Social Justice Challenge Month 1: A Look at Religious Freedom

By January 20, 2010 culture, faith No Comments

This post was started January 3. I meant to post it that first week of the new year . . . oops.

Well, there are still 11 days left in month 1 of the Social Justice Challenge (SJC). So let’s make the most of it, shall we?

The goal of the SJC is to read and pursue understanding of the monthly topic, and then to put feet to that newfound knowledge through some sort of action. (Learning is the easy part; it’s the action that’s difficult!)

To kick off month 1 and the topic of Religious Freedom, the SJC hosts posted a few introductory questions for participants to answer. I recommend visiting SJC’s site to review other participant responses—it’s fascinating and helpful to hear how other people view the topic! And I was so encouraged to see that this challenge has attracted people of many faiths and beliefs. We have much to learn from each other.

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SJC: What is the first thing that comes to your mind when you think of religious freedom?

I think of it in terms of its absence, what life is like for people who do not have freedom—I think of oppression, fear, loss, false accusations, coercion, imprisonment, torture, and death.

SJC: Why does religious freedom matter to you?

Spiritual matters are housed in the heart and soul; to have religion managed or forced or limited or coerced in any external way distorts it. To know how someone believes and thinks is the core of who that person is.

For example, my faith in Jesus Christ defines me. To know me is to know the love I have for the God who made me, loves me, and redeemed me. Religious freedom allows me to express freely and openly who I am and then pursue knowing God without oppression, fear, loss, false accusations, coercion, imprisonment, torture, and death.

It matters to me that people around the world experience tremendous loss and fear and suffering because they do not have this same sort of religious freedom.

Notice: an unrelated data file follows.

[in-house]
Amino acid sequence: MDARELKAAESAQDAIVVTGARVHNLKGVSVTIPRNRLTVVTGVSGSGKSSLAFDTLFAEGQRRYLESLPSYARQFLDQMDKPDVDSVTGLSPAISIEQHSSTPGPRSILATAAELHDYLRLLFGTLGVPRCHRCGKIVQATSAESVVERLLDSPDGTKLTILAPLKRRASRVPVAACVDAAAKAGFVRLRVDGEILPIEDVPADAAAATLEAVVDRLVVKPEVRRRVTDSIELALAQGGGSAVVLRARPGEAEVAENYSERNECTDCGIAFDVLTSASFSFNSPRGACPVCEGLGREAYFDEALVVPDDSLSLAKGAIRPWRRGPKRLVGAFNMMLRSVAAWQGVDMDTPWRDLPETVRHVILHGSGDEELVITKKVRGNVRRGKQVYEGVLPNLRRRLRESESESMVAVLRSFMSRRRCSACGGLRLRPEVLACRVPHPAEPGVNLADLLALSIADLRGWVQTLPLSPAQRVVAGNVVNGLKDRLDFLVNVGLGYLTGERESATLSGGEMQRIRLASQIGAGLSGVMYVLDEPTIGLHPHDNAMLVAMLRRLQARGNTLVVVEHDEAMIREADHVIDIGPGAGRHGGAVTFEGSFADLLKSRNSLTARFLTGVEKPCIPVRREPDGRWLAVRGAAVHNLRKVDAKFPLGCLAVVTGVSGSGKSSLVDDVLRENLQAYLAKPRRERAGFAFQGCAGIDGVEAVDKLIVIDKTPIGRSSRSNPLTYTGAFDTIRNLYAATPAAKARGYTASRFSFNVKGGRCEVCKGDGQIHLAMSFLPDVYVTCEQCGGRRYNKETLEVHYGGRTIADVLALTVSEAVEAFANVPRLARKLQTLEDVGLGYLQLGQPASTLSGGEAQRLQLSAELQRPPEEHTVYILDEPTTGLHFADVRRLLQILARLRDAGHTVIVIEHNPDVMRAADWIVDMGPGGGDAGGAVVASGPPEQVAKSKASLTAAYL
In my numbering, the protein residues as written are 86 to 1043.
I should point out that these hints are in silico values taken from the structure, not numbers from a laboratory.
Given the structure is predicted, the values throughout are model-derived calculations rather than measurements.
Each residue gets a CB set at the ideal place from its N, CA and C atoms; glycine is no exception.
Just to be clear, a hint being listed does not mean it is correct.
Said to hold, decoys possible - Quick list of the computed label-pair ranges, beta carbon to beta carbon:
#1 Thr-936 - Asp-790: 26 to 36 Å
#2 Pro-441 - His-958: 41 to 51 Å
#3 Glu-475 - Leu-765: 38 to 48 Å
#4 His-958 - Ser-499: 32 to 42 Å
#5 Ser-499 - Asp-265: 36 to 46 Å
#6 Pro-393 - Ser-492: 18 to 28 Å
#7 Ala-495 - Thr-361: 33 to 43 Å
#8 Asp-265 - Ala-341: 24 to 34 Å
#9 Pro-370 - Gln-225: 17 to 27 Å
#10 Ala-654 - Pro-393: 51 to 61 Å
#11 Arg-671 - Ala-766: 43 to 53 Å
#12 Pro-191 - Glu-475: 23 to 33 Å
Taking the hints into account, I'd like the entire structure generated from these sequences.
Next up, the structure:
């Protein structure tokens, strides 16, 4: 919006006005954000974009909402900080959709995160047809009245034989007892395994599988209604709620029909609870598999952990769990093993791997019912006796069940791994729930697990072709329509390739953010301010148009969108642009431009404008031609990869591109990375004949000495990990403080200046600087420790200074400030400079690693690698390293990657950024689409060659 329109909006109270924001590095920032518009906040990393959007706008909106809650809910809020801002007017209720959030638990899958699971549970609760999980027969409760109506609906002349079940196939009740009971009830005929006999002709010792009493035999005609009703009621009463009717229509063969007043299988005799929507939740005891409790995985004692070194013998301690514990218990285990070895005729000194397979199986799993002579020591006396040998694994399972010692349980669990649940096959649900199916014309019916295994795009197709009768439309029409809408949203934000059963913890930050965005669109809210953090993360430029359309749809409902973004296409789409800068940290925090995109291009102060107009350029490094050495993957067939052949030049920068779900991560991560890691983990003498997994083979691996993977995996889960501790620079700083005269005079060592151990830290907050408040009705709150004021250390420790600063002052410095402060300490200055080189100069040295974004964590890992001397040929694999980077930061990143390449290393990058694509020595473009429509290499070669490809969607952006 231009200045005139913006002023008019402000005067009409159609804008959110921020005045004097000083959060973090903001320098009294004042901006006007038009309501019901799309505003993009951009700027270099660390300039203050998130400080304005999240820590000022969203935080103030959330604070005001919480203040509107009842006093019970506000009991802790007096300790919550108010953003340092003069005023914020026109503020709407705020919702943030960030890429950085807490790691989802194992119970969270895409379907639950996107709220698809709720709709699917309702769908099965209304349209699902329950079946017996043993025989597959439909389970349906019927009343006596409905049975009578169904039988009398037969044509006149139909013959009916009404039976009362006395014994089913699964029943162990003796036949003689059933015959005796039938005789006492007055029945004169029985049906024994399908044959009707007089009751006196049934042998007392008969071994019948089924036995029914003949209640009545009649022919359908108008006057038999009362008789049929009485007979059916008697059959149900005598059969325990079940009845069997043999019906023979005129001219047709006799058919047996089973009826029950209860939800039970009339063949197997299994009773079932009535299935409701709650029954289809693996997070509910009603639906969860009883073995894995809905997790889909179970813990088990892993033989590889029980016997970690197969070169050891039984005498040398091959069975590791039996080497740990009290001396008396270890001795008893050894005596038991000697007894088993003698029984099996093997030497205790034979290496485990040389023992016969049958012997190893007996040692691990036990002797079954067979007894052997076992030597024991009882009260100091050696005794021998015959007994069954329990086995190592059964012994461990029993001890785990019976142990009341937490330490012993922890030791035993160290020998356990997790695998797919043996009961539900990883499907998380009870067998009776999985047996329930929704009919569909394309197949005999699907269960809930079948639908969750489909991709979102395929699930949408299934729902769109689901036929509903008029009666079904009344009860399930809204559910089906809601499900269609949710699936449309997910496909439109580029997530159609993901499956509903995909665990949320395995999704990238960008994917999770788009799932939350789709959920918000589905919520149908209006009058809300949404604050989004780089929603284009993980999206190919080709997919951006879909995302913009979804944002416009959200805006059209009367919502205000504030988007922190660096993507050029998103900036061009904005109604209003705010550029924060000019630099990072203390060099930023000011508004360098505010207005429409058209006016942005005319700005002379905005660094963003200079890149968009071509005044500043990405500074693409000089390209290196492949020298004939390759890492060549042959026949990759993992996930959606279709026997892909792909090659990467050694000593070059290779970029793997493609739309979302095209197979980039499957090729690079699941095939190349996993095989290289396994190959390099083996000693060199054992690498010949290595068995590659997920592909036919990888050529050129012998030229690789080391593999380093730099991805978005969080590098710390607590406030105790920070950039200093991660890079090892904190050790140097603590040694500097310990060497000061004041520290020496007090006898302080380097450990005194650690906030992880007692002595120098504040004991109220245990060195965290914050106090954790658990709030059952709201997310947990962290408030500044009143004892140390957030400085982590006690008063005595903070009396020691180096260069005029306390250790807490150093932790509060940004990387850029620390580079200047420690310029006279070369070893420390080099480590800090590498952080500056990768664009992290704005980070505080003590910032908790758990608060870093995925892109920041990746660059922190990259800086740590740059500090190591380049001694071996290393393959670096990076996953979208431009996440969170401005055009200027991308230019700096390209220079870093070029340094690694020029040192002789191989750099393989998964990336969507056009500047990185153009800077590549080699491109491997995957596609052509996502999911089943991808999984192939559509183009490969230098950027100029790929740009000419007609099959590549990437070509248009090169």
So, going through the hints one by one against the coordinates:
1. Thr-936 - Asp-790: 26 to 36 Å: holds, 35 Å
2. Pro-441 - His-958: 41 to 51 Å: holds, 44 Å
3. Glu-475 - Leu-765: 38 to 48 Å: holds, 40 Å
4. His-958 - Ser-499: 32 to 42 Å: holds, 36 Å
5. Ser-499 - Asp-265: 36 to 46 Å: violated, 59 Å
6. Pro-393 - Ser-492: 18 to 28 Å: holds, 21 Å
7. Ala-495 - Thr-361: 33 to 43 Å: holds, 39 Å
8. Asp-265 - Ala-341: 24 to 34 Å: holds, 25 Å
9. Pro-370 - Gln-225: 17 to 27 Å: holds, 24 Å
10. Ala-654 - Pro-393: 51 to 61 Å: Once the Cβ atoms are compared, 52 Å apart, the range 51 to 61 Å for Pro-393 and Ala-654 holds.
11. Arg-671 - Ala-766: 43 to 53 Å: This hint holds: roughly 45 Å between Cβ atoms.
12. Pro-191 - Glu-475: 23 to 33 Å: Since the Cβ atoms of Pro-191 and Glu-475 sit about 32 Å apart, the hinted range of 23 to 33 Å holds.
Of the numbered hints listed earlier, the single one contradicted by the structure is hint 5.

Such news of oppression and fear and death breaks my heart—when I keep abreast of what is happening. And that is the challenge: Will I open myself to the ache of the oppressed in this world? My prayer is that the SJC will soften my heart to ways I can make a difference in such matters, whether through prayer, writing, giving or serving, so that others have the freedoms we enjoy.

SJC: What knowledge do you have of present threats to religious freedom in our world today?

Some of the editing and proofreading work I do for KMA Direct Communications allows me to learn of present threats to religious freedom throughout the world, although my level of awareness is paltry at best. I also receive e-mail news updates and prayer alerts from Open Doors USA. In the past, my church has participated in the International Day of Prayer for the Persecuted Church, so I have learned about various countries that are known for their harsh religious intolerance.

Ultimately, if I am to know more about these things, I know I must purposely expose myself to it—hence, my commitment to the 2010 SJC.

SJC: Have you chosen a book or resource to read for this month?

I have selected The Book Thief by Markus Zasak, primarily because it came recommended by my nieces.

Of all the books on SJC’s reading list, I’ve read just two: Silence (Shusaku Endo) and The Scarlet Letter (Nathaniel Hawthorne). Two other books I’ve read that seem to fit the topic are God’s Smuggler by Brother Lawrence (founder of Open Doors) and Jesus Freaks by dc Talk and The Voice of the Martyrs. An inspiring documentary that fits for this month (as well as for the June’s topic of genocide) is the first in the Nomad Show series, which features Sara Groves.

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Join the SJC! Let’s read, act, and change together in 2010. Visit SJC HQ for details.

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